The Fridedel-Crafts Alkylation reaction froms alkyl benzenes from alkyl halides. The usefulness of this reaction is limited, because it can be difficult to stop the reaction at a single alkylation. Additionally, a carbocation intermediate is produced in Step 1 which brings the potential for carbocation rearrangements (ominous theme music).
The mechanism takes place as follows:
Step 1: A carbocation is created to form the electrophile. This steps activates the haloalkane. Secondary and tertiary halides only form the free carbocation in this step.
Step 2: The pi electrons from benzene react with the electrophile to form the resonance stabilized alkylbenzenium ion.
Step 3: Any Lewis Base reacts picks up the hydrogen from the allkylbenzenium ion to reform the aromatic ring.
The finish step shown above is the two products.
The reactivity of haloalkanes increases as you move up the periodic table and increase polarity. This means that an RF haloalkane is most reactive followed by RCl then RBr and finally RI. This means that the Lewis acids used as catalysts in Friedel-Crafts Alkylation reactions tend have similar halogen combinations such as BF3, SbCl5, AlCl3, SbCl5, and AlBr3, all of which are commonly used in these reactions.
Some limitations of Friedel-Crafts Alkylation
There are possibilities of carbocation rearrangements when you are trying to add a carbon chain greater than two carbons. The rearrangements occur due to hydride shifts and methyl shifts. For example, the product of a Friedel-Crafts Alkylation will show an iso rearrangement when adding a three carbon chain as a substituent. One way to resolve these problems is through Friedel-Crafts Acylation.
Also, the reaction will only work if the ring you are adding a substituent to is not deactivated. Friedel-Crafts fails when used with compounds such as nitrobenzene and other strong deactivating systems.
Friedel-Crafts reactions cannot be preformed then the aromatic ring contains a NH2, NHR, or NR2 substituent. The lone pair electrons on the amines react with the Lewis acid AlCl3. This places a positive charge next to the benzene ring, which is so strongly activating that the Friedel-Crafts reaction cannot occur.
Lastly, Friedel-Crafts alkylation can undergo polyalkylation. The reaction adds an electron donating alkyl group, which activates the benzene ring to further alkylation.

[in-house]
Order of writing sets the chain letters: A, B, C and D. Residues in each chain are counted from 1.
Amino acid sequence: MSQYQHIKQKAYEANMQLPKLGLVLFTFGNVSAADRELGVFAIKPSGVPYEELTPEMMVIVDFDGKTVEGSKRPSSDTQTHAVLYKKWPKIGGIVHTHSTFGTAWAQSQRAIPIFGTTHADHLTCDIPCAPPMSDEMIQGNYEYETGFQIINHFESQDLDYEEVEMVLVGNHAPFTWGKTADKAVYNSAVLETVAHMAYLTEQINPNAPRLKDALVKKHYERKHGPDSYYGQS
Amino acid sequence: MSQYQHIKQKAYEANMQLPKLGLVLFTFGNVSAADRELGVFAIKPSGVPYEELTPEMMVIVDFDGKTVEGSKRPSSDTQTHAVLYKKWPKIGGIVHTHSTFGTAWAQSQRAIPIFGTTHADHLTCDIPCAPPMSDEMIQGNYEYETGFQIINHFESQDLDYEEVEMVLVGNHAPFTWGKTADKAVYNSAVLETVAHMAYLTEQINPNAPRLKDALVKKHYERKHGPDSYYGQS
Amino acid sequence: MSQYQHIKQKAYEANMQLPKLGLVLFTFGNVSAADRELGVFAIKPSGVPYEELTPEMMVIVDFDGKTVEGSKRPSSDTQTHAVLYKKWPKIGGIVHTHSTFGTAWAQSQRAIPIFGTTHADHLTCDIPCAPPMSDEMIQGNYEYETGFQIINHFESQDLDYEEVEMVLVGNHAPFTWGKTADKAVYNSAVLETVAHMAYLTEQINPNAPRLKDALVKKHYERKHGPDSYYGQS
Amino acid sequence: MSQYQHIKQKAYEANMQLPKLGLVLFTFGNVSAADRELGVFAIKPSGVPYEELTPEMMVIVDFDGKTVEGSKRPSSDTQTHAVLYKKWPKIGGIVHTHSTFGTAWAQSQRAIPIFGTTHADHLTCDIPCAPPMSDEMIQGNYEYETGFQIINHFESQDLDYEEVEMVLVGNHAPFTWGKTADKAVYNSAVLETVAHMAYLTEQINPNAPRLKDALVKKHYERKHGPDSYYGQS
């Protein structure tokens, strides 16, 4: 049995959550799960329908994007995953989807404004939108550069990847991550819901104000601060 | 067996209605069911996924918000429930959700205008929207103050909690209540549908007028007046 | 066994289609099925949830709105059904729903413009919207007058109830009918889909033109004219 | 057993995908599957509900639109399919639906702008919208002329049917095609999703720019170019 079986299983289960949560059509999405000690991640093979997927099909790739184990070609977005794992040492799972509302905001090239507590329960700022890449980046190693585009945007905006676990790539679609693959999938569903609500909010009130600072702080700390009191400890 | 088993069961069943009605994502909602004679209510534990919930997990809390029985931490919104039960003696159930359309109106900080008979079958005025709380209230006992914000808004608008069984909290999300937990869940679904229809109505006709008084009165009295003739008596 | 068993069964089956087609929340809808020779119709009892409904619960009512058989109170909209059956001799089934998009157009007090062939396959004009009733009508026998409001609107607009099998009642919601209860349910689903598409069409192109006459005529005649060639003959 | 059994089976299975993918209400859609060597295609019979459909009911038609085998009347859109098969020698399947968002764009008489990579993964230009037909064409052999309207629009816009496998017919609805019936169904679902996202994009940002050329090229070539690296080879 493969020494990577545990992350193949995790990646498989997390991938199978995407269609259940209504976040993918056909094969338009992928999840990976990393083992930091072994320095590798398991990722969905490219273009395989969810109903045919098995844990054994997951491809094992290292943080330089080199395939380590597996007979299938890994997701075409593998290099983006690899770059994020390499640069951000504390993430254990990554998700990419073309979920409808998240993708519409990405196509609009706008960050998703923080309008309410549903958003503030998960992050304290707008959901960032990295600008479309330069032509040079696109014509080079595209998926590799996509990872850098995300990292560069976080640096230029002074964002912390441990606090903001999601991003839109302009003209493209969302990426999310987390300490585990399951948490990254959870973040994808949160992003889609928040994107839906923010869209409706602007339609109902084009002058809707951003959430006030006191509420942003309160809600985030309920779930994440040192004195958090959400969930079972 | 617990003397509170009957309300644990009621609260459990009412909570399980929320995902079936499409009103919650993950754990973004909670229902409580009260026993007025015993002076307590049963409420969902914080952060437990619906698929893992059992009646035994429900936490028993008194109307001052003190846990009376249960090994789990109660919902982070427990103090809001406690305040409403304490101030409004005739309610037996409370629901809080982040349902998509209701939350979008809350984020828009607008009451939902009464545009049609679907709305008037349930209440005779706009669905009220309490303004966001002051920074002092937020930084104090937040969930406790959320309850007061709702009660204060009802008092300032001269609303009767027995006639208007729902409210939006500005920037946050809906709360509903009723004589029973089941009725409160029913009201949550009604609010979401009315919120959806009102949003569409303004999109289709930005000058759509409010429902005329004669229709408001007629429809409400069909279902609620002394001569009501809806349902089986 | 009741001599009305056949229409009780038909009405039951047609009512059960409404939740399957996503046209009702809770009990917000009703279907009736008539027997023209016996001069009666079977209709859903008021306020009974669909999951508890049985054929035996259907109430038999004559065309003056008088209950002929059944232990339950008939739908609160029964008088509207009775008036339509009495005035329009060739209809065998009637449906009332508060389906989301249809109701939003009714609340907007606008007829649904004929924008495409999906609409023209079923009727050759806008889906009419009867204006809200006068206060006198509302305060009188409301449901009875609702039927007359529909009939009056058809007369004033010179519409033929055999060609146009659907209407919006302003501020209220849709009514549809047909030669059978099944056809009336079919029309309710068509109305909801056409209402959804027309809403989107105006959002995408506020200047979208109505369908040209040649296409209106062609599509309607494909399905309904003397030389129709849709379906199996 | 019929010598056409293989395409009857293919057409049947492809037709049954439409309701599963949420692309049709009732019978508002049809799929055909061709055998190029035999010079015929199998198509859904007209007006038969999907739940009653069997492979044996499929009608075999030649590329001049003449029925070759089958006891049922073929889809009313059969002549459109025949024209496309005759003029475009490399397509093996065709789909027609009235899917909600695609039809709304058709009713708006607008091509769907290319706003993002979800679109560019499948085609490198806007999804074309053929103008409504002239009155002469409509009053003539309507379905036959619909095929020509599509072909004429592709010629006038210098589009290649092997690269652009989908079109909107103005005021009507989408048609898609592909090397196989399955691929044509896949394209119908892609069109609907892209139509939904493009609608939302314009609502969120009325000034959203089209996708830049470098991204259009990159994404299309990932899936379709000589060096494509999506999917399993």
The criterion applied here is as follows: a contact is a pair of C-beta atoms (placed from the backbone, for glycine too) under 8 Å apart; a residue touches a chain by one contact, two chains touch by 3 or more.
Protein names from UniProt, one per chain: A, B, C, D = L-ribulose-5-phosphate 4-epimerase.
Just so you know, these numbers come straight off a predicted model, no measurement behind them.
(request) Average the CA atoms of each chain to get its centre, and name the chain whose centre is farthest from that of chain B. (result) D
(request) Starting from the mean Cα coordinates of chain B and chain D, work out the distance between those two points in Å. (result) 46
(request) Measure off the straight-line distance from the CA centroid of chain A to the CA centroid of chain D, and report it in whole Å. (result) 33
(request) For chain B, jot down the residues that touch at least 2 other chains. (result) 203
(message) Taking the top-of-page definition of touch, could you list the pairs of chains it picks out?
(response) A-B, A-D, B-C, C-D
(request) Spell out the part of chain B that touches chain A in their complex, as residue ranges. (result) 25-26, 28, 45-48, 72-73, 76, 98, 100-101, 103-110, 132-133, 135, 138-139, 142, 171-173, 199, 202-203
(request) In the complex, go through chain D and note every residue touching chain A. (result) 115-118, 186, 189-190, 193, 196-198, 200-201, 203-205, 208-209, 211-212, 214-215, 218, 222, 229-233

This problem does not occur during Friedel-Crafts Acylation because an acyl group is deactivating. The prevents further acylations.
There is an additional reaction step for Fridel-Crafts Acylation. The acyl group of the product complexes with the aluminum chloride. Water is added to isolate the acyl benzene final product.
Mechanism Step 1: Acylium ion formation
Mechanism Step 2: Pi electrons of benzene react with the acylium ion to form the sigma complex, resonance stabilized acylbenzenium intermediate:
Mechanism Step 3: Deprotonation of the sigma comlex to restore aromaticity.
During the third step, AlCl4 returns to remove a proton from the benzene ring, which enables the ring to return to aromaticity. In doing so, the original AlCl3 is regenerated for use again, along with HCl. Most importantly, we have the first part of the final product of the reaction, which is a ketone. The product forms a complex with aluminum chloride as shown below.
2nd Reaction: Water is added to liberate the final product as the acylbenzene:
Friedel-Crafts Acylations offer several synthetic advantages over Friedel-Crafts Alkylation. These advantages provide greater control over the production of reaction products. The acylium ion is stabilized by resonance, so no carbocation rearrangement occurs. Additionally, acyl groups are deactivating with for EAS reactions, so the product does not undergo further reactions. However, Friedel-Crafts Acylations do not work with nitrobenzenes or other deactivated benzene rings. The concept of deactivated will be more fully explored in the next two sections of this chapter.
11. Which of the following will NOT undergo a rearrangement in a Friedel-Crafts reaction?
12. Suggest an acyl chloride that was used to make the following compounds:
11. A, B, and E will not undergo a rearrangement.